Re: "Unbelievers are allowed to depart" Now wholesale/retail fraud

From: Ron Crane <voting_at_lastland_dot_net>
Date: Mon May 23 2005 - 17:11:13 CDT

This is interesting, but works only if (a) any identifying information,
like "stray" pencil marks, added by the voter is removed prior to
publication; and (b) the ballot contains no other unique information
(e.g., ballot id, crypto signature, etc.) that the voter can view and
remember (or write down). If these conditions are satisfied, it seems
that you could do some good statistical work on large precincts. Any
statisticians here to tell us how much?

The only point I disagree on is this audit's efficacy versus exit
polls. Exit polls use a "casting" and "tabulation" mechanism that's
totally independent of the official one, so they provide an important
check on it, and should not only be continued, but strengthened. Exit
polls usually have predicted outcomes very well, and mismatches with
official results -- at least outside the United States -- routinely are
used to judge the fairness and accuracy of the official counts, and to
take action to correct fraud. For example, the mismatch between exit
polls and official tallies was key in motivating Ukraine's recent
"velvet revolution".
http://www.economist.com/agenda/displayStory.cfm?story_id=3421060 .

-R

On May 23, 2005, at 2:28 PM, Richard C. Johnson wrote:

> There is at least one other compromise option in the publishing of
> ballots.  The Bureau of the Census puts out what used to be called
> Public Use Samples at fairly high sample fractions of the actual
> census forms being tabulated every 10 years.  The catch is that the
> Bureau takes care NOT to publish anything which would serve to
> identify any individual.  No identifiers are published in these
> samples.  Writing in something weird would simply mean that such
> entries would be gathered into an "other" category.  But the Bureau
> actually uses statistical algorithms to spot cells with insufficient
> numbers to protect confidentiality, and even "other" would lead to
> geographical aggregation if it were not numerous enough.
>  
> With ballots in a given election, one could publish a very large
> fraction of the total, scanning for unusual or sparse cell
> populations, and aggregate anything that wasn't sufficiently populated
> to hide individuals ballot choices.
>  
> Such a large sample of the total voted ballots would do far better
> than exit interviews to allow public supervision of the voting
> process.  Large precincts would almost always be auditable and smaller
> precincts would be auditable in the aggregate.
>  
> This compromise can preserve the secret ballot, which, like the
> secrets in the census form, are part of our political heritage and
> tradition.  A Public Use Sample of the ballots will do far more than
> exit polls to provide public oversight of the voting process. 
> But...the secret ballot must be preserved.
>  
> -- Dick
>  
> Richard C. Johnson, Ph.D.
> CEO
> IWWCO
> 631-689-3736
>
> Ron Crane <voting@lastland.net> wrote:
> I think it's very difficult to formulate a quantitative measure for any
> of this, which is why there's so much debate on it. But at least we
> can
> state the tradeoffs. As I see them, prompt publication of all ballots
> would permit the public to audit each precinct's totals by
> retabulating
> all the published ballots. However, it would also open elections to
> vote selling or coercion.
>
> The ability to retabulate would deter frauds that mis-state the totals,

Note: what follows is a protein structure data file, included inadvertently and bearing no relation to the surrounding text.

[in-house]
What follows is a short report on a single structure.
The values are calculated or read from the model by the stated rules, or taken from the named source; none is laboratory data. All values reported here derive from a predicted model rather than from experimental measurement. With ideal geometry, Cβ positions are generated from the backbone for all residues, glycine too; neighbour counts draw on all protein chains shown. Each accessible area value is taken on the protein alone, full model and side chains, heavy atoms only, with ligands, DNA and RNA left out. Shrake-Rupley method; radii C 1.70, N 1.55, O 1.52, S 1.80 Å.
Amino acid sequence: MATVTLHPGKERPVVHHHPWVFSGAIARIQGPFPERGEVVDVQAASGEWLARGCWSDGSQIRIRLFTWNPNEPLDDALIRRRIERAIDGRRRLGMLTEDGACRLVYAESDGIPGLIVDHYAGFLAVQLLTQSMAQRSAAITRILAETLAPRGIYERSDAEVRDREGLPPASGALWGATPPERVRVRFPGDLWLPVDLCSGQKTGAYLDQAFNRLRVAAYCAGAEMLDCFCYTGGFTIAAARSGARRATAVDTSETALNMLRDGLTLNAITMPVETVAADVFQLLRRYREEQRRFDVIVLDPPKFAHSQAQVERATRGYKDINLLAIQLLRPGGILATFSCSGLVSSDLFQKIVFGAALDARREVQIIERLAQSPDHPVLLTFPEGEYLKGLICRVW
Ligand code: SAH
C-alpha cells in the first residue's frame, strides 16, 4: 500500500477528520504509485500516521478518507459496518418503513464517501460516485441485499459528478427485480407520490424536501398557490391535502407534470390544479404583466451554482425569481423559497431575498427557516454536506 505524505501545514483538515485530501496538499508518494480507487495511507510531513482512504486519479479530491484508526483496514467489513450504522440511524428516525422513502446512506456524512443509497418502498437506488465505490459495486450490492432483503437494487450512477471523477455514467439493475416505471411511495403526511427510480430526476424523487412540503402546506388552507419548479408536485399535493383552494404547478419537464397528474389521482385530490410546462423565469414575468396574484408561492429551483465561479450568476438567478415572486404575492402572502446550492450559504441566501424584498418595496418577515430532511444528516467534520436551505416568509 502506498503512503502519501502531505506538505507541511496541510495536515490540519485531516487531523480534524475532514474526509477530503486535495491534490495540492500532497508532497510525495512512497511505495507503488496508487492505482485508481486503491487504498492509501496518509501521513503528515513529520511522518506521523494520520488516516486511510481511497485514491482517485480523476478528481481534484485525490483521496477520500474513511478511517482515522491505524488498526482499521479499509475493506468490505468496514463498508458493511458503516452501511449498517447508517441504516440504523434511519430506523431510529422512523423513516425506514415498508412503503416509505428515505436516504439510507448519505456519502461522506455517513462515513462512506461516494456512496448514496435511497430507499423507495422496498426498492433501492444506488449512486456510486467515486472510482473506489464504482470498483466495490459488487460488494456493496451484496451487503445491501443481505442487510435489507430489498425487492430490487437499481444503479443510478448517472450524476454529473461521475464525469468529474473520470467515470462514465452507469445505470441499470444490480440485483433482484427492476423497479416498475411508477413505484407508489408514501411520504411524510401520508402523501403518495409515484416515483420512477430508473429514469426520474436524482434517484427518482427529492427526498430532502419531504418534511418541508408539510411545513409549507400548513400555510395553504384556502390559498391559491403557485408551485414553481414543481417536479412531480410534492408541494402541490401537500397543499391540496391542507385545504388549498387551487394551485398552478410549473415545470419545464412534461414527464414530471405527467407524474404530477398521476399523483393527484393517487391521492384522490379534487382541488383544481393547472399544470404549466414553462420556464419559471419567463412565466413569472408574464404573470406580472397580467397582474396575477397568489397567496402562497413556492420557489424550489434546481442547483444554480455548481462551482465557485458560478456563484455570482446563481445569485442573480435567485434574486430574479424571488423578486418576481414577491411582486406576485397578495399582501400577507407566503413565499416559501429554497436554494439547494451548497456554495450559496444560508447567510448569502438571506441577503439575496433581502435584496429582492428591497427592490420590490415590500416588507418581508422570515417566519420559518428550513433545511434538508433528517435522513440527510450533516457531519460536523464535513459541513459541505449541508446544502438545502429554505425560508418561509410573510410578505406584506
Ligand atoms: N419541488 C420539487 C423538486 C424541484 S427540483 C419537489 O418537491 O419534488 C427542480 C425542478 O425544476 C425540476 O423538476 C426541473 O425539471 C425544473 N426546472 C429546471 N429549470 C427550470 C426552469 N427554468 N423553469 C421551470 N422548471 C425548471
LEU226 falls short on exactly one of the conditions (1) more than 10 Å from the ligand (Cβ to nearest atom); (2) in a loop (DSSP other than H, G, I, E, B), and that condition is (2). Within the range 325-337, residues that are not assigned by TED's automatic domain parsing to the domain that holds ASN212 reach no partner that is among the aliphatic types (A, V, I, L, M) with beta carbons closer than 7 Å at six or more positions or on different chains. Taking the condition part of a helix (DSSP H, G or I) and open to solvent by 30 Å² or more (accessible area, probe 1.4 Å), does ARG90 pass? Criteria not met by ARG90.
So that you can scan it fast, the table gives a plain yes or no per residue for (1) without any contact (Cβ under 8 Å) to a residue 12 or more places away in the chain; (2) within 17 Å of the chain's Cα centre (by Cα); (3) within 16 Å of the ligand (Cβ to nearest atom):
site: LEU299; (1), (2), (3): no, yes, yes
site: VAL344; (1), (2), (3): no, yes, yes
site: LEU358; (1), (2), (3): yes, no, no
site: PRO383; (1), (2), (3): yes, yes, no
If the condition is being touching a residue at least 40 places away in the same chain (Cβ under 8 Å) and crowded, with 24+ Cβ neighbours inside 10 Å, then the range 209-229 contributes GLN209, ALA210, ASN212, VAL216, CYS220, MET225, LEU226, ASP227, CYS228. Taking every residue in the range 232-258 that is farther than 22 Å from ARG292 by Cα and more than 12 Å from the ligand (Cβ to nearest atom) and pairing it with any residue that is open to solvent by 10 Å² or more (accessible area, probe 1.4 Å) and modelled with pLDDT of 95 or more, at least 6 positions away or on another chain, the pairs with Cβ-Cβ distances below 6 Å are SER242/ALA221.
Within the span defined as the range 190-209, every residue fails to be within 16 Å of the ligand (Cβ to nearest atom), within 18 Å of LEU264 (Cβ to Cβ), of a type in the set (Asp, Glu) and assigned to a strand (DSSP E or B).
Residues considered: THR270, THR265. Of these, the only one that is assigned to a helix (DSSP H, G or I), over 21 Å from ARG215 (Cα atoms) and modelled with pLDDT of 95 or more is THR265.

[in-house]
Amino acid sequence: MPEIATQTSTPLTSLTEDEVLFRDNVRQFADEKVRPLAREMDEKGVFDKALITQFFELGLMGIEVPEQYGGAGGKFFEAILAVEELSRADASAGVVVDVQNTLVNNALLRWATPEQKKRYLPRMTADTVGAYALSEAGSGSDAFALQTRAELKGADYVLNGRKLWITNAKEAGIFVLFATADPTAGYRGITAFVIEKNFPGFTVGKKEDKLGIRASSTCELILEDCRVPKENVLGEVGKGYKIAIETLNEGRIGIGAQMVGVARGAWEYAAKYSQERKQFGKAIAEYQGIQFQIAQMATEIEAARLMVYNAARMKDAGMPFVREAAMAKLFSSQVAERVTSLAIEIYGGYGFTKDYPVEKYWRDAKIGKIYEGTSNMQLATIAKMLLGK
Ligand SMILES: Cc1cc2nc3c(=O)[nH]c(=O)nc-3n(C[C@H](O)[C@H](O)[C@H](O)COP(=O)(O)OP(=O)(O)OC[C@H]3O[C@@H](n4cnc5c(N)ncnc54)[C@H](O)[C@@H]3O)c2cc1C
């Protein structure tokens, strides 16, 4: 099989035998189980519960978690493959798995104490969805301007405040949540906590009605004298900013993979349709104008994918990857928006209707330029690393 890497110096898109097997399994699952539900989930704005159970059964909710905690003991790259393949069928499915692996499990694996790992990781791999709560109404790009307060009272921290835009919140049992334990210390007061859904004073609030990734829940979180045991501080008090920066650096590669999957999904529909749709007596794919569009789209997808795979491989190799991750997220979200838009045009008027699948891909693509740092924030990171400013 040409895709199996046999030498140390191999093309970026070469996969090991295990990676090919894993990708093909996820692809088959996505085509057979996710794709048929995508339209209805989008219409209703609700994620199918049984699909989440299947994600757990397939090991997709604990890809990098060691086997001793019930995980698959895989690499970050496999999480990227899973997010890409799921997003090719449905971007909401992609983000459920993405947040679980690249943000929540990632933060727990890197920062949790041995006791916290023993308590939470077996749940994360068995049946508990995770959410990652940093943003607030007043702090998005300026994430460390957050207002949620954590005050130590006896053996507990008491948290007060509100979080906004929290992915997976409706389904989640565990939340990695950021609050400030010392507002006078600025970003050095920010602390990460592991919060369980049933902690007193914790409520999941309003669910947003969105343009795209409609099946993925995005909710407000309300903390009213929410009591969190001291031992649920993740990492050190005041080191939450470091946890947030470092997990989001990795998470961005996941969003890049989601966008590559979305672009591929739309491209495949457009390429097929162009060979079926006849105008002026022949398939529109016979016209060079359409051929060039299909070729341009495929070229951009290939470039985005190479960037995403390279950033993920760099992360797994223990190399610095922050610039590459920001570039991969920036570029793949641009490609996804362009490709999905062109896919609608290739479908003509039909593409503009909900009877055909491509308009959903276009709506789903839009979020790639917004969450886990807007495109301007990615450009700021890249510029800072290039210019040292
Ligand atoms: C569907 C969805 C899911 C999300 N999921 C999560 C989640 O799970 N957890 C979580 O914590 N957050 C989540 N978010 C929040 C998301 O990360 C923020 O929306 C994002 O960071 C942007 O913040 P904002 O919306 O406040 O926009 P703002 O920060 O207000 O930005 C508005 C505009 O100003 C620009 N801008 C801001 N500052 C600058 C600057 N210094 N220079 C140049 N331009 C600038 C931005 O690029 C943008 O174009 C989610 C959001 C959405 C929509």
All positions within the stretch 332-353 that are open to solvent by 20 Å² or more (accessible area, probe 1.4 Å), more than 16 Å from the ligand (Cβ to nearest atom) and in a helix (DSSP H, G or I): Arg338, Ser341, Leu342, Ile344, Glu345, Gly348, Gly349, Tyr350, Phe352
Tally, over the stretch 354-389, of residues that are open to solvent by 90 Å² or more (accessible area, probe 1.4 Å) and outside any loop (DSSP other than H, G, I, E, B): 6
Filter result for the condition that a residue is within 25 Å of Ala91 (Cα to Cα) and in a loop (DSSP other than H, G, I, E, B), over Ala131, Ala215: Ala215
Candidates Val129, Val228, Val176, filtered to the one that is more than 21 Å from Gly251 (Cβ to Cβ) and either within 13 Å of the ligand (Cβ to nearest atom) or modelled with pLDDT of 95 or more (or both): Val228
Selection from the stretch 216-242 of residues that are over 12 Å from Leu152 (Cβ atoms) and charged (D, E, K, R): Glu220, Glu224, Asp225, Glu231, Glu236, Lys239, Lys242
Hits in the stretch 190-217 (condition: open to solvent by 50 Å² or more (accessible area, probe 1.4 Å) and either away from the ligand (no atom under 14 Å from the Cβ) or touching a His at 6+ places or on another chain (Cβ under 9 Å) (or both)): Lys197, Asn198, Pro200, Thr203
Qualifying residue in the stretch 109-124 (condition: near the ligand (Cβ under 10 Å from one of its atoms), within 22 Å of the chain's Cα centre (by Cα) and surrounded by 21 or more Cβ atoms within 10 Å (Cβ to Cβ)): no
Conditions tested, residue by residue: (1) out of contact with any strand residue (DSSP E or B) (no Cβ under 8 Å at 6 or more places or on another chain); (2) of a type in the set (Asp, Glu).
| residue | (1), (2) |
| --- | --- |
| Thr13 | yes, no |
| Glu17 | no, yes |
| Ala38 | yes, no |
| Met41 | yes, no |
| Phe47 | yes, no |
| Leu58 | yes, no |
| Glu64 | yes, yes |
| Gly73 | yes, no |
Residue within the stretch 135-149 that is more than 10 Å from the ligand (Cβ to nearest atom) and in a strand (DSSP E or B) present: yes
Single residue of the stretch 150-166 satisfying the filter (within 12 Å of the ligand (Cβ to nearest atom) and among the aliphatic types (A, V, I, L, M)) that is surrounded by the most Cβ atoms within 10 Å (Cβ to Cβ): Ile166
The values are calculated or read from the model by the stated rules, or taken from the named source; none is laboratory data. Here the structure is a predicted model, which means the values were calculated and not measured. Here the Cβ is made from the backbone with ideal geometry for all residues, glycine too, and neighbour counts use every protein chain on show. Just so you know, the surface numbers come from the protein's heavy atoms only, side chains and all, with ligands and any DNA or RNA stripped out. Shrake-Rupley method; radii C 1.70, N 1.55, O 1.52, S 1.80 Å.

> but, without more (e.g., access to sign-in books) it would not deter
> box stuffing. It would not deter casting frauds (e.g., the casting
> station makes it easy for the voter to vote as it wishes, and hard to
> vote otherwise), since these frauds leave no traces for retabulation to
> detect. Realistically it would deter pre-tabulation ballot substitution
> only to the extent that each voter individually examines her own
> ballot
> during retabulation.
>
> The likely extent of vote selling and coercion is difficult to
> quantify. Some of the risks are that voters will mark their ballots in
> various ways to allow buyers or coercers to verify the desired votes
> (e.g., by writing in a coded name for a "don't care" race), or that
> they'll use (or be forced to use) ballot numbers or ids for the same
> purpose. The coded name risk applies to existing mail-in ballot
> schemes
> that allow write-ins; the ballot number or id risk does not unless the
> mail-in ballots also are available for public inspection. Mail-in
> ballots are susceptible to buying or coercion at the point of casting,
> but this fraud requires a buyer or coercer to be present as each
> ballot
> is sealed into its envelope and mailed. Public disclosure of ballots
> extends this risk by permitting anyone to peruse the ballots at her
> leisure; thus, a single buyer or coercer c! ould verify whether her
> sellers or victims have complied with their sides of the deal.
>
> Buying and coercion risks can affect the general public, via crooked
> bosses, strongarm political machines, and the like. There are also
> conditions under which they could affect voters who favor unpopular
> parties or candidates more than voters who favor popular parties or
> candidates, particularly if write-ins are not allowed and ballot ids
> are not provided; it's easier to correlate the votes of a small number
> of voters than of a large number.
>
> Got more risks? Please add them. Then maybe we can try putting numbers
> on them.
>
> -R
>
> On May 23, 2005, at 9:40 AM, Edmund R. Kennedy wrote:
>
> > Hello Clint,
> >
> > I was just looking over my letter and I realize that
> > I'm not being particularly clear. Everyone has been
> > arguing this issue on a qualatative basis. I think
> > you could be persuasive if you can muster ! up a
> > quantatative argument. HTH.
> >
> > Thanks, Ed Kennedy
> > --- "Edmund R. Kennedy" wrote:
> >
> >> Date: Mon, 23 May 2005 09:27:44 -0700 (PDT)
> >> From: "Edmund R. Kennedy"
> >> Subject: RE: [OVC-discuss] "Unbelievers are allowed
> >> to depart" Now
> >> wholesale/retail fraud
> >> To: Open Voting Consortium discussion list
> >>
> >>
> >> Hello Clint:
> >>
> >> I'm not completely up to speed on this discussion
> >> but
> >> it sounds like your are stuck on the issue of what
> >> we've come to call wholesale versus retail fraud.
> >> Retail fraud has to do with a voter by voter
> >> subversion along the lines of voter coercion and
> >> vote
> >> buying, while wholesale fraud has more to do with